I'm not sure there’s much wisdom to pass down from the ‘60s. We didn’t have any wisdom. We were the generation that believed we could stop the Vietnam War by growing our hair long and dressing like circus clowns. I thought we could stop the war by going to war. You see the irony in that.
The issue does not lie in analyzing political extremism from one generation to the next. Asking that question implies that that a dichotomy exists between the two. Extremism has not changed. What have changed are the issues. Today there’s a lot more extremism as we are a socially, culturally, and politically polarized society. So if you want to understand extremism, view it through 21st-century eyes.
So let’s talk about the zealots, or political extremists. Zealots are anathema to me. Even when I think I know their motivations, I don’t understand them. They are really all the same, no matter the cause.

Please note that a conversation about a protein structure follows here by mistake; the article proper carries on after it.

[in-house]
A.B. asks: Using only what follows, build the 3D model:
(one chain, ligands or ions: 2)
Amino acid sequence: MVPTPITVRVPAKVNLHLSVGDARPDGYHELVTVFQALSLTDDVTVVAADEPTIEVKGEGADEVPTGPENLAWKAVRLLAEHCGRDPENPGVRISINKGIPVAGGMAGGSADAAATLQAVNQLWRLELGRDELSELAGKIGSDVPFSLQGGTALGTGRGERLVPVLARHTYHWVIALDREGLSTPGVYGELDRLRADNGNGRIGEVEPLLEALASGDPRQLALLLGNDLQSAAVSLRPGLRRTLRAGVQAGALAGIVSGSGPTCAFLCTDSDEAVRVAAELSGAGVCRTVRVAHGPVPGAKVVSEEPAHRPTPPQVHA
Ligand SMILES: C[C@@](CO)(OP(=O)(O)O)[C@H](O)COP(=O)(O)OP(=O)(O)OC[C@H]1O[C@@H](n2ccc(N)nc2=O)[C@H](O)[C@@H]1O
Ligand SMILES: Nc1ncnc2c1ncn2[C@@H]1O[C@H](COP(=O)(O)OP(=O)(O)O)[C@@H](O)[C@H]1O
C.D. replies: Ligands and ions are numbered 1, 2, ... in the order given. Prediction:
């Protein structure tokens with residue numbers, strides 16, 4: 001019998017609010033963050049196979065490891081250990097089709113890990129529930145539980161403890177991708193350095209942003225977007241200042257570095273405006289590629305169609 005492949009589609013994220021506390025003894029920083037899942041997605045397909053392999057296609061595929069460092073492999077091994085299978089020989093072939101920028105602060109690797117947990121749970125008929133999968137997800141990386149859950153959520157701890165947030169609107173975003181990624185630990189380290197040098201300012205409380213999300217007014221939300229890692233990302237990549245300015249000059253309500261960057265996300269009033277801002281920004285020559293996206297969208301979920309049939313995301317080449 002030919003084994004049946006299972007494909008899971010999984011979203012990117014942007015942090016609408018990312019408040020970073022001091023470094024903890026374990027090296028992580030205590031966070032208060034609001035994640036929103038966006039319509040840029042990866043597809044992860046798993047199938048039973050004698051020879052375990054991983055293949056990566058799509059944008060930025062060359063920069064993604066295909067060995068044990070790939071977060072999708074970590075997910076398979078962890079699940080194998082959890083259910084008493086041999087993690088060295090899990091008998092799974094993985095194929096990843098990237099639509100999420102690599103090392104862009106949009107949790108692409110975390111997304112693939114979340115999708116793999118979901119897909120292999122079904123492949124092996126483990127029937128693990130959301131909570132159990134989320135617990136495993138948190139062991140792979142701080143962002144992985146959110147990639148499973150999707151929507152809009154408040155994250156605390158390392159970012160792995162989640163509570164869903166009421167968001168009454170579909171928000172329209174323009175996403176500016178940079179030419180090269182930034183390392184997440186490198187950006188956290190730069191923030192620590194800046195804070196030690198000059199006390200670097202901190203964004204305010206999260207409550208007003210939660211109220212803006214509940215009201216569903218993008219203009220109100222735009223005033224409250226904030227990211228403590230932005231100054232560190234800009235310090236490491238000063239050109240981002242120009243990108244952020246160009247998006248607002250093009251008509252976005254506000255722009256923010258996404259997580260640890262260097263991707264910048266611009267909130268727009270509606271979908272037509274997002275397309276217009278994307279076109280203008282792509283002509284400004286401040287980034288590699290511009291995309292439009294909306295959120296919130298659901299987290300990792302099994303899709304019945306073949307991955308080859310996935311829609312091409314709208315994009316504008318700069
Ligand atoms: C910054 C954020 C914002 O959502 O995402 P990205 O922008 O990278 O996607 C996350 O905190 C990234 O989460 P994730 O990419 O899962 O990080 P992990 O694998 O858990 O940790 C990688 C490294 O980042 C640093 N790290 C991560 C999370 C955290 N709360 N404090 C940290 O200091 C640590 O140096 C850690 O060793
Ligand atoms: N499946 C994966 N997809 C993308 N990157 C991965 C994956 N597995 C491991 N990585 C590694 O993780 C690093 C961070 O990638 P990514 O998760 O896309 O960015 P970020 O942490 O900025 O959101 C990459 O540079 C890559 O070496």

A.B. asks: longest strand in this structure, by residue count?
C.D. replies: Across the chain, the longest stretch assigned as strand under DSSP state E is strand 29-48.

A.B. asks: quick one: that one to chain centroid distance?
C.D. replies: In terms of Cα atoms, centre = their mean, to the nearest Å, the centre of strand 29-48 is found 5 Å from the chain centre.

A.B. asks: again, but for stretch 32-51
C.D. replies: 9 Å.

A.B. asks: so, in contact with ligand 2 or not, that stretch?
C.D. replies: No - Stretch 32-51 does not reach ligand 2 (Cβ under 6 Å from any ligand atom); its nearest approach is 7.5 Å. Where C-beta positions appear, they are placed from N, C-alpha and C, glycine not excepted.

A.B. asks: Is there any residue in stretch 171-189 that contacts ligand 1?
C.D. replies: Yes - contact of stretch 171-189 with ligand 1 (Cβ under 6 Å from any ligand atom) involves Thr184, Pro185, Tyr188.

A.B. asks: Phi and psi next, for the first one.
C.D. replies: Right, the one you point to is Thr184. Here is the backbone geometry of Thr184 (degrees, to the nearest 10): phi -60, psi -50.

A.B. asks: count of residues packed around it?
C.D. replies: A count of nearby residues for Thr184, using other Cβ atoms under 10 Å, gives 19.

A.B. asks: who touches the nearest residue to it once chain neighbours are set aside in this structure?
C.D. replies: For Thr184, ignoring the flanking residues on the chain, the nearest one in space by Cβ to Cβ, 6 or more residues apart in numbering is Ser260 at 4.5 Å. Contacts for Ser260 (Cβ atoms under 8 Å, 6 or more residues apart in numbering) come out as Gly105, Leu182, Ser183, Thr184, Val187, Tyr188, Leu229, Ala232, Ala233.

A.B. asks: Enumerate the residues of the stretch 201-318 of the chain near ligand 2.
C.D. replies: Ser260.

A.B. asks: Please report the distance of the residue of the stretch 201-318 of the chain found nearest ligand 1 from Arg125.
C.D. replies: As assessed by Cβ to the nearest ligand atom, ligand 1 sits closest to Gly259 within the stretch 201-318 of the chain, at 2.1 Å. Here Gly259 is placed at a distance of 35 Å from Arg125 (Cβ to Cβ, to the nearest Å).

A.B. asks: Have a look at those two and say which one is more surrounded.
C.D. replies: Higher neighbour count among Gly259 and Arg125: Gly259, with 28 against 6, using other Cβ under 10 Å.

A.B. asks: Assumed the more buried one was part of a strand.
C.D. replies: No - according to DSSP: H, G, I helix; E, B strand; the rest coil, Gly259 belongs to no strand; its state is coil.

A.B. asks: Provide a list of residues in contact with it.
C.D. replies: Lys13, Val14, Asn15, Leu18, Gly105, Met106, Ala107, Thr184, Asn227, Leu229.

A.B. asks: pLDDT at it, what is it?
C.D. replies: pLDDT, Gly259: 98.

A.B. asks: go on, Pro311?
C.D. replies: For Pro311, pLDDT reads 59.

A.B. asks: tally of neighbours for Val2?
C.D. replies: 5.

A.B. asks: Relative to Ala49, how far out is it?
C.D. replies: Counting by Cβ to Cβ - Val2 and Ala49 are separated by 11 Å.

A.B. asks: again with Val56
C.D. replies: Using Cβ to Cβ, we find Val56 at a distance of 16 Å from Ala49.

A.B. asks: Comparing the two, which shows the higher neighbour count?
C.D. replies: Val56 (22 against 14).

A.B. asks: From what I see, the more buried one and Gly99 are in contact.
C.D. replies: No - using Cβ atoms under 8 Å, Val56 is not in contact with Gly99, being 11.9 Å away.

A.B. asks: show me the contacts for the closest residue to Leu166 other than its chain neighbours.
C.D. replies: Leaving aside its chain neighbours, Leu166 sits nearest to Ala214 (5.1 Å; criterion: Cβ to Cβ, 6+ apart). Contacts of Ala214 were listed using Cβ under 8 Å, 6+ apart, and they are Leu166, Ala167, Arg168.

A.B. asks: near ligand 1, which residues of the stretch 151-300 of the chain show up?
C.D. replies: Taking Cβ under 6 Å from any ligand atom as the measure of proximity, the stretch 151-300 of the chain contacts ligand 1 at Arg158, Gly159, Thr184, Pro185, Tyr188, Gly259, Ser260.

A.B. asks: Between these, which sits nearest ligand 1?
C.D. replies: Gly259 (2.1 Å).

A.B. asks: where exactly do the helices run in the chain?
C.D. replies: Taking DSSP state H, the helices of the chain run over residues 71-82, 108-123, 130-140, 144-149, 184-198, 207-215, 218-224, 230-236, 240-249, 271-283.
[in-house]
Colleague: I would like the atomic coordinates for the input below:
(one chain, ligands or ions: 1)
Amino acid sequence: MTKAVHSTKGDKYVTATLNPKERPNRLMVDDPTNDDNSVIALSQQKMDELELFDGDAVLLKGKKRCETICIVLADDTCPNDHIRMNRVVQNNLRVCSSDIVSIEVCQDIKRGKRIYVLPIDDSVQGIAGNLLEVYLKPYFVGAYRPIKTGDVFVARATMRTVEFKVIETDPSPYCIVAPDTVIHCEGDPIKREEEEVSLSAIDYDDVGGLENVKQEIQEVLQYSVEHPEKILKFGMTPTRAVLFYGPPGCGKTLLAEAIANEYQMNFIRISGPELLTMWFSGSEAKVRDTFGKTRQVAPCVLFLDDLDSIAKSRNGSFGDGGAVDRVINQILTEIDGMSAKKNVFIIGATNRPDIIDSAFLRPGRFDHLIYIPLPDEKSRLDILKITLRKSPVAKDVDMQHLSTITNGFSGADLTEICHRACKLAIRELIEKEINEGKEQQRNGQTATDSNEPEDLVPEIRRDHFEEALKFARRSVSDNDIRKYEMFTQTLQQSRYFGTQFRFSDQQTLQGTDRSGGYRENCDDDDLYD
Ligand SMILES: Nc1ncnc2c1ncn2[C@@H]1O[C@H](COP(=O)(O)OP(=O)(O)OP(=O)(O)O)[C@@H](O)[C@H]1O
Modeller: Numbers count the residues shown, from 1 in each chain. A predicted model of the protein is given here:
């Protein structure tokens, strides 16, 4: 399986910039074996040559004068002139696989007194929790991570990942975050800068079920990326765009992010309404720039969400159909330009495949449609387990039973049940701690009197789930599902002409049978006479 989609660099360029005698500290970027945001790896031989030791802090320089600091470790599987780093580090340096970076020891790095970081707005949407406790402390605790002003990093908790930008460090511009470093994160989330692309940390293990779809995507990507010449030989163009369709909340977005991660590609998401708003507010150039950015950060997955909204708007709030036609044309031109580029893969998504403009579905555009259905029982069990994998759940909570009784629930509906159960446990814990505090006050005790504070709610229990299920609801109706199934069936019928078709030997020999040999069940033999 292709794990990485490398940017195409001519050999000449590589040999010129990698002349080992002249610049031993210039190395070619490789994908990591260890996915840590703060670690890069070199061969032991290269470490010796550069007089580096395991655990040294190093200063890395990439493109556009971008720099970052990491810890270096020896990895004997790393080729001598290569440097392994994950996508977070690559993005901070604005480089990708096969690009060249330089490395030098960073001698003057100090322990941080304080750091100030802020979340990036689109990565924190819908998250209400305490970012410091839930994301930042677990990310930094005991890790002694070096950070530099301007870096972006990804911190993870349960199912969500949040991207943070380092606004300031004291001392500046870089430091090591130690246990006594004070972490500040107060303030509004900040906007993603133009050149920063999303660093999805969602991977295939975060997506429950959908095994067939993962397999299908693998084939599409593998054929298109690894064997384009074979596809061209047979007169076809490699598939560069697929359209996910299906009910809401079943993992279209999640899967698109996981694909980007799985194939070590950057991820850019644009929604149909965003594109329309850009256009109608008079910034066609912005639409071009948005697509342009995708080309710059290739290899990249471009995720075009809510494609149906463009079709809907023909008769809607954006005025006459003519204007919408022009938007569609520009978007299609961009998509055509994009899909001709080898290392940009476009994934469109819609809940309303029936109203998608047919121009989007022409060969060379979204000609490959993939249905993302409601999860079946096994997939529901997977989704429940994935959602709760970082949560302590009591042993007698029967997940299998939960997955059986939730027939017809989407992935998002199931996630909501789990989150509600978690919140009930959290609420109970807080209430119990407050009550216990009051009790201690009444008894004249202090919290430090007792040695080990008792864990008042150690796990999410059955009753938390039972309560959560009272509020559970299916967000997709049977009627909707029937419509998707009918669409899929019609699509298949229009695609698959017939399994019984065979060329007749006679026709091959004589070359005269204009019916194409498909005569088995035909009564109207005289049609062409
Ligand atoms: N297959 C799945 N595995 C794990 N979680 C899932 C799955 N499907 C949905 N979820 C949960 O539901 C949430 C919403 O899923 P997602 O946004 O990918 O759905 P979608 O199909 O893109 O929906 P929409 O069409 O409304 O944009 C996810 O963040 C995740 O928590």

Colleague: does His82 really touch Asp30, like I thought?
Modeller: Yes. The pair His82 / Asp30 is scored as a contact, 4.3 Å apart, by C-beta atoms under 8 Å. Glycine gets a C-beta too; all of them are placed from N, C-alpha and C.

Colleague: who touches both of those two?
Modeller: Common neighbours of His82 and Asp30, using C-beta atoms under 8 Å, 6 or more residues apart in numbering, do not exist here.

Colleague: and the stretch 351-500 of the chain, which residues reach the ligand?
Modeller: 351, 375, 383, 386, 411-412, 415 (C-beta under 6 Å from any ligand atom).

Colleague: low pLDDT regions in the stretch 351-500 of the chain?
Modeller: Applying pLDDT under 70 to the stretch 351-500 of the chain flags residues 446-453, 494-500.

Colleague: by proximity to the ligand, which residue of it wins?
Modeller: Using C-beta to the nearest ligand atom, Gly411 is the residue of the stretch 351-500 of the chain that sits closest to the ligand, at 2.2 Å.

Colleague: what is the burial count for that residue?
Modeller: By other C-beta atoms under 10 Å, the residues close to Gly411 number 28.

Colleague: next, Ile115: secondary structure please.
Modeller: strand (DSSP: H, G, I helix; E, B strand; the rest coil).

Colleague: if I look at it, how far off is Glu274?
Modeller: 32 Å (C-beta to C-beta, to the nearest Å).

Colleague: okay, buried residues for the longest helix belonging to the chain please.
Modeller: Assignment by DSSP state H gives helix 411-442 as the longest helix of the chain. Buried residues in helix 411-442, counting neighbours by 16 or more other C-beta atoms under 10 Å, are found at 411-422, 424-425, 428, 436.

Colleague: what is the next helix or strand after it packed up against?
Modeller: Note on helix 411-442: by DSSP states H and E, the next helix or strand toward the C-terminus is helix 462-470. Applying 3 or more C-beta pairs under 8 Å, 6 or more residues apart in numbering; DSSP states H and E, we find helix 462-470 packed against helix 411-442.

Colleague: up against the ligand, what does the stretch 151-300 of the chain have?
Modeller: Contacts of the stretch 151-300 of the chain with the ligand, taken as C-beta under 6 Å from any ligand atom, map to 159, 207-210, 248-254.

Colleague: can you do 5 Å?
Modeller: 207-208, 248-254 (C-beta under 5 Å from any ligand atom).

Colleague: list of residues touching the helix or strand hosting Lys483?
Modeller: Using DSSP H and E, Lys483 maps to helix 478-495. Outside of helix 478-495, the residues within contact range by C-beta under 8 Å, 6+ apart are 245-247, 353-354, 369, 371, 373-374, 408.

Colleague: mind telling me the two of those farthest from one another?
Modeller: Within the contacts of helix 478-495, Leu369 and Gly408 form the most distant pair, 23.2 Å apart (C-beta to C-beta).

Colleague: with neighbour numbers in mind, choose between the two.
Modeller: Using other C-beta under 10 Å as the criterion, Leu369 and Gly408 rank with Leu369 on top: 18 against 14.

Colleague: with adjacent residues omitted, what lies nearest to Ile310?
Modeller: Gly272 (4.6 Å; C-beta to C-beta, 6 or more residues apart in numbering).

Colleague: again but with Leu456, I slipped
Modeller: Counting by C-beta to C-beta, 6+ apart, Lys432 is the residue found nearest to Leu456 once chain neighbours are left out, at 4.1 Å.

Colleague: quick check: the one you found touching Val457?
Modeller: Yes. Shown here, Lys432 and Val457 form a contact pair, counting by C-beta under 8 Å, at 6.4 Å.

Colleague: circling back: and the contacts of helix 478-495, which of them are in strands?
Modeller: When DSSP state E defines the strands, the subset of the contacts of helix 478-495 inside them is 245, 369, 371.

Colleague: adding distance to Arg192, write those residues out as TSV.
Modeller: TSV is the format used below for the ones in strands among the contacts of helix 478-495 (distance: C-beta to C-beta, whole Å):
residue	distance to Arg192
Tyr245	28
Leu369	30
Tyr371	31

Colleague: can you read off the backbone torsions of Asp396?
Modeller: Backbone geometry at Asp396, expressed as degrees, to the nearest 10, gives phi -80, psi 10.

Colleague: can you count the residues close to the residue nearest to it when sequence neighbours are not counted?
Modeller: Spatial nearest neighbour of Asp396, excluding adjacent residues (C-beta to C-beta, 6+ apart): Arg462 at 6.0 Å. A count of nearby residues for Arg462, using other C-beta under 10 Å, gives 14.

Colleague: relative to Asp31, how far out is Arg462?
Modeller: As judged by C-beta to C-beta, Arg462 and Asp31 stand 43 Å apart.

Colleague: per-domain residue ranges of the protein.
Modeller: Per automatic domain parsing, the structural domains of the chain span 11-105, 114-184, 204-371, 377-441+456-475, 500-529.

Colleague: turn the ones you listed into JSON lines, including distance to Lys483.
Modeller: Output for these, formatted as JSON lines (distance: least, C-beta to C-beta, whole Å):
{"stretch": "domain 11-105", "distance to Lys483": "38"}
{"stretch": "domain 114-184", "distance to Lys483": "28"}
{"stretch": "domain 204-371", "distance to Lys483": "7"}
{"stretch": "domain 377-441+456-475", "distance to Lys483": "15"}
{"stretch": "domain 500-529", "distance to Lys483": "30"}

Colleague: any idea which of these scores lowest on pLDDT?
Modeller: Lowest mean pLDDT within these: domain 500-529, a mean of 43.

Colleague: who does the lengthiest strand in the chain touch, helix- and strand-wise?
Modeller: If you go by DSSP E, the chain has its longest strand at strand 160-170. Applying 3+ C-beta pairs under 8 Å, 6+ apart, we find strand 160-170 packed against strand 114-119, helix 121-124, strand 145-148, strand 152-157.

Zealots originated in the first century as a Jewish political movement opposed to Roman rule. The Talmud defined the zealot as being ‘boorish’ or wild,’ and unwilling to compromise. Today, zealot has evolved to mean extremist.
Is one man’s zealot another’s true believer? I don’t think so. Aside from the particular issue that triggers them, zealots are the same. The problem is that the values and beliefs of those on either end of the spectrum are often so extreme that they sanction banishment, ridicule and ostracism if you don’t think as they think or believe as they believe.